The recent God-debates (Hitchens, Dawkins, D’souza et al.) have, if nothing else, raised again the question: what is Christianity good for? And that is a question any of us who claim the faith ought care about.
Stanley Fish’s recent piece in the NY Times, God Talk, interacts with Terry Eagleton’s book, Reason, Faith and Revolution. Without adhering to any version of Christian orthodoxy, Eagleton has little patience for the triumphant, absolutist pronouncements of those who dismiss faith to the intellectual backwaters, certain that there are more productive ways to find human guidance. Essentially, Eagleton suggests that all other options (capitalism, democracy, modernity, enlightenment, liberalism, science, reason – you name it) simply don’t deliver. “What other symbolic form,” asks Eagleton, “has managed to forge such direct links between the most universal and absolute of truths and the everyday practices of countless millions of men and women?”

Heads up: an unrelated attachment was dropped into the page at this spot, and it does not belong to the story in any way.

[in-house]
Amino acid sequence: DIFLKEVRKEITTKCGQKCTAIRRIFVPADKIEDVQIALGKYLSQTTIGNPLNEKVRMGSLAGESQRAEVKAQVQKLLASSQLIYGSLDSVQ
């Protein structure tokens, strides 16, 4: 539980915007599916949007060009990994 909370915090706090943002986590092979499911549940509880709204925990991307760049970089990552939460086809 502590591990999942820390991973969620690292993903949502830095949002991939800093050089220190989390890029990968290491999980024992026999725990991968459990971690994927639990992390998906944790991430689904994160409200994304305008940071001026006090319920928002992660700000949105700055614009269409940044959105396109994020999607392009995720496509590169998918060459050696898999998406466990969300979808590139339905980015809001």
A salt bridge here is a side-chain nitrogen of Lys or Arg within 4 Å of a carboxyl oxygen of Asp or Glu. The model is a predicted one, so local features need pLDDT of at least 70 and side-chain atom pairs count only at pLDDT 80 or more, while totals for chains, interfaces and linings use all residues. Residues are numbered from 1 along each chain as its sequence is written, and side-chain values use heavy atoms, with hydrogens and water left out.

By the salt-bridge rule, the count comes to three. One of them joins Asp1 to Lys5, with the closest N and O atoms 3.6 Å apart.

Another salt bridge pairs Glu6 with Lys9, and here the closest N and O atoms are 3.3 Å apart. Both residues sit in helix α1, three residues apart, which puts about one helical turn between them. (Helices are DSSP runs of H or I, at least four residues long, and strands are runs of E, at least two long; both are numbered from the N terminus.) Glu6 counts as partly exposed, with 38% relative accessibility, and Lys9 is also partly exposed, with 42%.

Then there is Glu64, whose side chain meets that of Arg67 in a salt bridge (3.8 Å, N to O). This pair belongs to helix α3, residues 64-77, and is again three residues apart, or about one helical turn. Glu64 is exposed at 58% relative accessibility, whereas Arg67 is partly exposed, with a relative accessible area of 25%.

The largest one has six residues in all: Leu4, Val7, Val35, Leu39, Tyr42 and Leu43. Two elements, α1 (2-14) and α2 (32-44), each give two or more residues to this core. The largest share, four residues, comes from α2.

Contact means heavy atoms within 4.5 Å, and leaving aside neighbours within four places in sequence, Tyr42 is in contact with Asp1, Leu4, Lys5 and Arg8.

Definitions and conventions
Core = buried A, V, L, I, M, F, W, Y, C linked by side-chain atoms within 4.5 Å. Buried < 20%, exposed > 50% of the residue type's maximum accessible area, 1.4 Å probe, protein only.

Take a read. Tell me what you think. And if you need another teaser:
A society of packaged fulfillment, administered desire, managerialized politics and consumerist economics is unlikely to cut to the depth where theological questions can ever be properly raised.